I am psyched! After months of trying to understand the logic, derivations and theorems that lead to the result today we finally derived the famous Black-Scholes option pricing formula. Weeks ago, I already introduced a one-period derivative pricing model. Well, since then the topic has become a lot more complex and in this post, I will tell about the logic of anther magic formula.

As we did already in the one period case we will start this analysis by assuming that there is no arbitrage in the market. Thus, every contingent claim X(t) with a specific payoff can be replicated. Our goal is to price this contingent claim.

In this case the contingent claim is a European call option with strike price K. The payoff of this option at time is equal to X(T) = max(S(T) – K, 0) as we have seen before already. Additionally, we already know that there are always two ways to price a contingent claim when markets are complete:

- Find a strategy that replicates the payoff. The price of the option then equals the cost of setting up the following strategy, where Sx(t) is the price of the contingent claim at time t, θ0(T)B(t) is the position in the risk-free security and θ1(t)S(t) represents the position in the risky security.
- The expectation at time t under the risk neutral probability of the discounted price at time T equals equals the price at time t as can be seen below, where E
^{Q}means expectation under the risk-neutral probability Q, e^{δ(T-t) }is the discount factor between T and t in the continuous time and the information that is known is the information at time t, ft.

With the help of advanced integrals, we can model the development of the stock price as

This formula tells us that the stock price at time t equals the stock price at time 0 times an exponential. The exponential depends on: the instantaneous risk-free rate of interest δ, the volatility σ and the standard Brownian motion W*(t) which corresponds to the part of the return that is totally random and unpredictable. However, W*(t) is distributed according to a normal distribution with mean 0 and variance t (N(0,t)).

So, what do we have so far? We have the equation for the payoff of our call option, we have the condition for the price under the risk neutral probability (we choose this approach to value the option) and we have the development of the stock price. Let’s put all this together. The price of the call option at time 0 (c(0)) can be calculated as follows:

For convenience, we start our valuation at time 0 which makes the equation easier to work with. Next we standardize the standard Brownian motion so that W*(t) becomes sqrt(T)Z where Z is normally distributed with zero mean and variance of 1 (N(0,1)).

Thanks to various Russian and Japanese mathematicians the expression above can be expressed as an integral. Thus, we get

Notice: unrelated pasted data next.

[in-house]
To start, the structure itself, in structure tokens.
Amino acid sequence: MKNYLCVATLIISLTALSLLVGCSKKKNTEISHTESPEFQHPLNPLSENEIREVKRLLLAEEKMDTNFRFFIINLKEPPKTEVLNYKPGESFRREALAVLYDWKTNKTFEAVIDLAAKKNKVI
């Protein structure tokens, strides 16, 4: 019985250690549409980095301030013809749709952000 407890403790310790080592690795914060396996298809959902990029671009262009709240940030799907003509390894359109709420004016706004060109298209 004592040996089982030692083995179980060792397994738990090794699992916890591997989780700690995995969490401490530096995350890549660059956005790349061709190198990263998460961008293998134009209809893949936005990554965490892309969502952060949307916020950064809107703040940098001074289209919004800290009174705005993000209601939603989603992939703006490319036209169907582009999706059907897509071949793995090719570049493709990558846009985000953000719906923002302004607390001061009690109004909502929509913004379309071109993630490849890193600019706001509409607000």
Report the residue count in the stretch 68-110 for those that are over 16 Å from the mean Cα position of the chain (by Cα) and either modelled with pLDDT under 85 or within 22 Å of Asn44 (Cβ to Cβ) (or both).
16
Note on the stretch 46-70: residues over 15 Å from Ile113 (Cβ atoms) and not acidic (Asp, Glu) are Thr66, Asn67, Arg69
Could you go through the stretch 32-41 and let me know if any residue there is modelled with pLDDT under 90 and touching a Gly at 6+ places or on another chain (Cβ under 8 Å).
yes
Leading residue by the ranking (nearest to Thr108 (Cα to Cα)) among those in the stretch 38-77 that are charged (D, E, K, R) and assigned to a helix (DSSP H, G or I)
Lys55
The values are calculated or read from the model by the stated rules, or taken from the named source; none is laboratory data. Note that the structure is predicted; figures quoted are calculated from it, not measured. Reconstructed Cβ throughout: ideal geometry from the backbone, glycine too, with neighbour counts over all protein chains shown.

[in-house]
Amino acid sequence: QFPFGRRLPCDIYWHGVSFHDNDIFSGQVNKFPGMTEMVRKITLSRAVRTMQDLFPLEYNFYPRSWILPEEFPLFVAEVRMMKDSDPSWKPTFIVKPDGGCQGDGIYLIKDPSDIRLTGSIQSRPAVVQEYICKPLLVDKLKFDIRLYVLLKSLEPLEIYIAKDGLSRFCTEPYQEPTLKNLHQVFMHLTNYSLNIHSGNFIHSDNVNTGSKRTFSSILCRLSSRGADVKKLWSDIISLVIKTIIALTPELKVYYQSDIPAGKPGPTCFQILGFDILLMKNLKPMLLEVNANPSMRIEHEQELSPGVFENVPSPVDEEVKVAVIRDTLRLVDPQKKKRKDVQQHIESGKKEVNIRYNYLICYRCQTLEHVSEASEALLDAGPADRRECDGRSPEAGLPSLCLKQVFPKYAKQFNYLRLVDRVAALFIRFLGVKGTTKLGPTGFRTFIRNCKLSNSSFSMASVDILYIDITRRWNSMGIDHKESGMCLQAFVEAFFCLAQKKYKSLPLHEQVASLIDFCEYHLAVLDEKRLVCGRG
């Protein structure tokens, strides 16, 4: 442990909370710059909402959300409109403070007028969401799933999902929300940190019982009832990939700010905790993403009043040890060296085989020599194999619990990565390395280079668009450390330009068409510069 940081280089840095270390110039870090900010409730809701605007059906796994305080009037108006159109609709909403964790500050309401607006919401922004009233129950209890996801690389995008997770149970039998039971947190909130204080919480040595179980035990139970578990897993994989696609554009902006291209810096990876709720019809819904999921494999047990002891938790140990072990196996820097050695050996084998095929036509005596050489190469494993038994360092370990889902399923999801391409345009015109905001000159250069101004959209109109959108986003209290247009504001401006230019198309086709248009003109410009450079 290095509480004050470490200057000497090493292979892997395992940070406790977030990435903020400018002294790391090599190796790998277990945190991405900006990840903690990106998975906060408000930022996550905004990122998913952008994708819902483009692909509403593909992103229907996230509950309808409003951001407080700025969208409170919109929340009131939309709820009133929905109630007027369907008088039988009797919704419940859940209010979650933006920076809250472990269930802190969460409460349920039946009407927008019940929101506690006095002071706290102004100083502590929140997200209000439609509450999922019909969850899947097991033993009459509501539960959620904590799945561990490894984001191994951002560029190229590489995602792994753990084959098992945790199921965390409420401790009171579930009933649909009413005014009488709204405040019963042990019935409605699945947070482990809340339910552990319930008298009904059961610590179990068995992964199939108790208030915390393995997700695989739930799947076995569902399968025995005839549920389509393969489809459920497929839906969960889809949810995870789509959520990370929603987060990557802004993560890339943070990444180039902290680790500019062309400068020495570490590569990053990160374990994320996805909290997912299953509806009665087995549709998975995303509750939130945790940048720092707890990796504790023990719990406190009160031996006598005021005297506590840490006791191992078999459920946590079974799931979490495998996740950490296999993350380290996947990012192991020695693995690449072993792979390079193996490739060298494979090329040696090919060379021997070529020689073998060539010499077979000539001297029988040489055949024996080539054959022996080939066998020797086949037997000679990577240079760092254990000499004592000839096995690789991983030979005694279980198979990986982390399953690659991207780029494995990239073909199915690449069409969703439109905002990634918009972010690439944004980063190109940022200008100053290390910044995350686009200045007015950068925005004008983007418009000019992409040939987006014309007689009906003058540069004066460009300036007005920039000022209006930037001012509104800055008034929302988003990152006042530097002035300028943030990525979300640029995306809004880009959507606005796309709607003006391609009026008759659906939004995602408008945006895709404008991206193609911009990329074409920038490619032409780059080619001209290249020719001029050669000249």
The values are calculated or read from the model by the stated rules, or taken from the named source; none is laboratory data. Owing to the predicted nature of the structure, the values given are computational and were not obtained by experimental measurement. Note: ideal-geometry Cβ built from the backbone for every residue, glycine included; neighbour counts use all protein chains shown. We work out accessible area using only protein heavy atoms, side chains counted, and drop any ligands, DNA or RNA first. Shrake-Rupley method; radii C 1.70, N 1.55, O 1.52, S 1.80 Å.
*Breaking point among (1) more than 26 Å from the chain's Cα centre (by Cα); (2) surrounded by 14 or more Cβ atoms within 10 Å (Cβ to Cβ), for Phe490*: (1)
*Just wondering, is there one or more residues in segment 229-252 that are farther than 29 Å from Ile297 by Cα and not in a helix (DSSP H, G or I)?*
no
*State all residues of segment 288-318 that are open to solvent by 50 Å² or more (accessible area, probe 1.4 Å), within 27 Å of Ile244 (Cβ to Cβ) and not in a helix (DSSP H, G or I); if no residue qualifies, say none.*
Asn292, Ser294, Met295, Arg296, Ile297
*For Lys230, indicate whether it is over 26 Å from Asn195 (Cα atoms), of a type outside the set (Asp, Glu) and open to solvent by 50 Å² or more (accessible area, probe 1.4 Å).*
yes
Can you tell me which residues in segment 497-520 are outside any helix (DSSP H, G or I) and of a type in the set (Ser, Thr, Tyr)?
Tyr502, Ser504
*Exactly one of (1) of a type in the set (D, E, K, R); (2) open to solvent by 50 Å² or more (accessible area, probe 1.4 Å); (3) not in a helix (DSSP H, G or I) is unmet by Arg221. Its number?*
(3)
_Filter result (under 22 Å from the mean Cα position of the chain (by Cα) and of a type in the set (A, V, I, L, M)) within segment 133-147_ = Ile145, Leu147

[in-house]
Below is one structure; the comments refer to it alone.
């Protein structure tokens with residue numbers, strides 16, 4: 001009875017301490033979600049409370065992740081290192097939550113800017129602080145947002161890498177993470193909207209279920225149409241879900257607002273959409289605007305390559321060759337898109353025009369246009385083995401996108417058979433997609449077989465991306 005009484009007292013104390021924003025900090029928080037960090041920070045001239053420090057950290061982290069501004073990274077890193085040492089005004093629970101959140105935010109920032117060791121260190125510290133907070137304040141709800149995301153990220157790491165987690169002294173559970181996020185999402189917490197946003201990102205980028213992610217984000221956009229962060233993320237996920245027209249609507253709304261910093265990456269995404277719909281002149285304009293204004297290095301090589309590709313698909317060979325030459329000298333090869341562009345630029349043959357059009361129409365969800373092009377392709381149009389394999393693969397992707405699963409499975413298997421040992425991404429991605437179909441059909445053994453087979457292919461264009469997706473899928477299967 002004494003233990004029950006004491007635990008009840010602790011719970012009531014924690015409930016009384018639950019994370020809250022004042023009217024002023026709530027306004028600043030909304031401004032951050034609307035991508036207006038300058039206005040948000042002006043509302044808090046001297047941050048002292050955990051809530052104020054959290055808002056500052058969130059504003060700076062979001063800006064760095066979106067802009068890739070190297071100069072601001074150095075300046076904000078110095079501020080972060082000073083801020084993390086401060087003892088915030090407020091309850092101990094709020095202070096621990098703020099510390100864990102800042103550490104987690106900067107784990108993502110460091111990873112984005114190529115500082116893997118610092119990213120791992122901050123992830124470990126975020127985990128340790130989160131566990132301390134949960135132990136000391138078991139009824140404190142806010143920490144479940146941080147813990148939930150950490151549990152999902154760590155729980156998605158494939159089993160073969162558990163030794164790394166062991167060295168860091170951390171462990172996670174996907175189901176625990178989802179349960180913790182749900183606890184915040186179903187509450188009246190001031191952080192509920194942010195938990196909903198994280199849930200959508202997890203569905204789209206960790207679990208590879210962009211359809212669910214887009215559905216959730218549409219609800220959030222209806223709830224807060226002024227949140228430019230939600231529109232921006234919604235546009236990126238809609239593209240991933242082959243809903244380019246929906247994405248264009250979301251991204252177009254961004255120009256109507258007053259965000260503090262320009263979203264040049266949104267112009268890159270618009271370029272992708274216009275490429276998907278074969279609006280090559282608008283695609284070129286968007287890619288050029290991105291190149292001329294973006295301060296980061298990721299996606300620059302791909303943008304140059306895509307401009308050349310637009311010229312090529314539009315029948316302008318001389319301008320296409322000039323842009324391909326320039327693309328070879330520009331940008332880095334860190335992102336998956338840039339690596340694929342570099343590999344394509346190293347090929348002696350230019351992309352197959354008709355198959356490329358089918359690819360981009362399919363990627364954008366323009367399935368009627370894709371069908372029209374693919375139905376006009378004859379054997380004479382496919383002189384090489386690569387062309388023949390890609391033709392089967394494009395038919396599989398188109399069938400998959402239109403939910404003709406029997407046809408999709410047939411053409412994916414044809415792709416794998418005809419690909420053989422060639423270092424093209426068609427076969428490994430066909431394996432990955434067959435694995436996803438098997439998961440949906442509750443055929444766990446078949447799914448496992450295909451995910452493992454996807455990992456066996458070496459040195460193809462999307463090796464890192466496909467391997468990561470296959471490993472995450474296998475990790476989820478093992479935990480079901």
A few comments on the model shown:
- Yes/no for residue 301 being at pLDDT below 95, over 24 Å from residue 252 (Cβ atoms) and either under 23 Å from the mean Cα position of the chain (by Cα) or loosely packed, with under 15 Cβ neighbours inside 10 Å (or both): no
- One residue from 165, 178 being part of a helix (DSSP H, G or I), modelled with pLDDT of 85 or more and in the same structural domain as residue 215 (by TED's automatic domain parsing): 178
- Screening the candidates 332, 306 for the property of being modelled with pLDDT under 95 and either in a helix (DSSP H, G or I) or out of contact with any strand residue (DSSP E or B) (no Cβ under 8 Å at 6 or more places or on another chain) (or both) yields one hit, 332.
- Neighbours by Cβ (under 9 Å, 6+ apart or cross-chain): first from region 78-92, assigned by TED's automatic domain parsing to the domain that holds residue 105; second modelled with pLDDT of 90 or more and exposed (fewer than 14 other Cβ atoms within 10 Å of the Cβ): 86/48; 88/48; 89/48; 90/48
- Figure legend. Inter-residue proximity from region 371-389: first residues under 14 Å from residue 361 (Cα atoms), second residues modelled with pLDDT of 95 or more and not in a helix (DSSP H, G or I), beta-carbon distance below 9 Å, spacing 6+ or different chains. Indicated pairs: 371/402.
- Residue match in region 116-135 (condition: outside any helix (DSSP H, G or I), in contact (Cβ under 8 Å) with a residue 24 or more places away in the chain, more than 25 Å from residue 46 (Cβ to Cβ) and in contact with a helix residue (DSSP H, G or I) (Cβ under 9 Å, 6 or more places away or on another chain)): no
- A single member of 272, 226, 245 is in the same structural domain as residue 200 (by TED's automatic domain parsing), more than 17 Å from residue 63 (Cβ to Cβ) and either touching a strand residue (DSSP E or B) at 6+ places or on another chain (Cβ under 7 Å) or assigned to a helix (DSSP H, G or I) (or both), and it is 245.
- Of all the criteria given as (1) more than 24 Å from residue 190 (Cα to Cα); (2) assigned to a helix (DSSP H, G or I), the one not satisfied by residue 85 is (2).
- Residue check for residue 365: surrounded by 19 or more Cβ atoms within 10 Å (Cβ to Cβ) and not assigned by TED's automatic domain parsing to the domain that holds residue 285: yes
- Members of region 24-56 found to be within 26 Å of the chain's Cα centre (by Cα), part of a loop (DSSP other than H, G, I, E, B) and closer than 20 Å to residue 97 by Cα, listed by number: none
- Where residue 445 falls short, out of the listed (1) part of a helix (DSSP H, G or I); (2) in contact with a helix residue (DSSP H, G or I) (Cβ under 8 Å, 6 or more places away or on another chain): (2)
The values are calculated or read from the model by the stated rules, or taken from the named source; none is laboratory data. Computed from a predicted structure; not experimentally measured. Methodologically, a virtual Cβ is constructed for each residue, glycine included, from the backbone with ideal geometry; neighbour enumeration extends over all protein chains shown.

where the last part is the density function of the normal distribution.

Now we are at a point where we should ask us which development actually is of relevance for the price of the call option. Obviously, we would only pay for the option if we think it to be possible that the option will be in the money. Consequently, we only consider the case where S(t) => K. What does this depend on? On Z! The stock price develops exponentially according to different values that Z takes on. However, K is fixed and thus there is a unique value of Z that equalizes K and the stock price as can be seen below.

Thus, the system below can be solved for a unique value of Z.

This is a big step since it enables us to get rid of the max function in the integral. We can re-write the equation

This consists of two parts:

- There average price of the stock if we exercise the option
- The average cost of exercising the option (the present value of the strike price times the probability of being in the money)

The difference between these two is the cost of the option. I will not bother you anymore with further derivations but finally the option can be priced as follows:

c(0) = S(0)N(d1) – e^{-δT}KN(d2)

where

d1 = (ln(S(0)/K) + (δ+0.5σ^{2})T)/(σT)

d1 = (ln(S(0)/K) + (δ-0.5σ^{2})T)/(σT)

This is it. This is the famous (magic) formula that allows us to price options.

One side note. I did some research about the normal distribution assumption implied by the formula and found out that indeed it is possible to introduce bimodal models or jumps in the distribution. Thus, what I have writing in my entry about Deutsche Bank regarding possible option pricing inefficiencies might not be true after all.

Wow, we got a lot done here. Is your head exploding as well? But how cool that we just derived one of the most famous and fundamental formulas in Finance!

Best,

Nils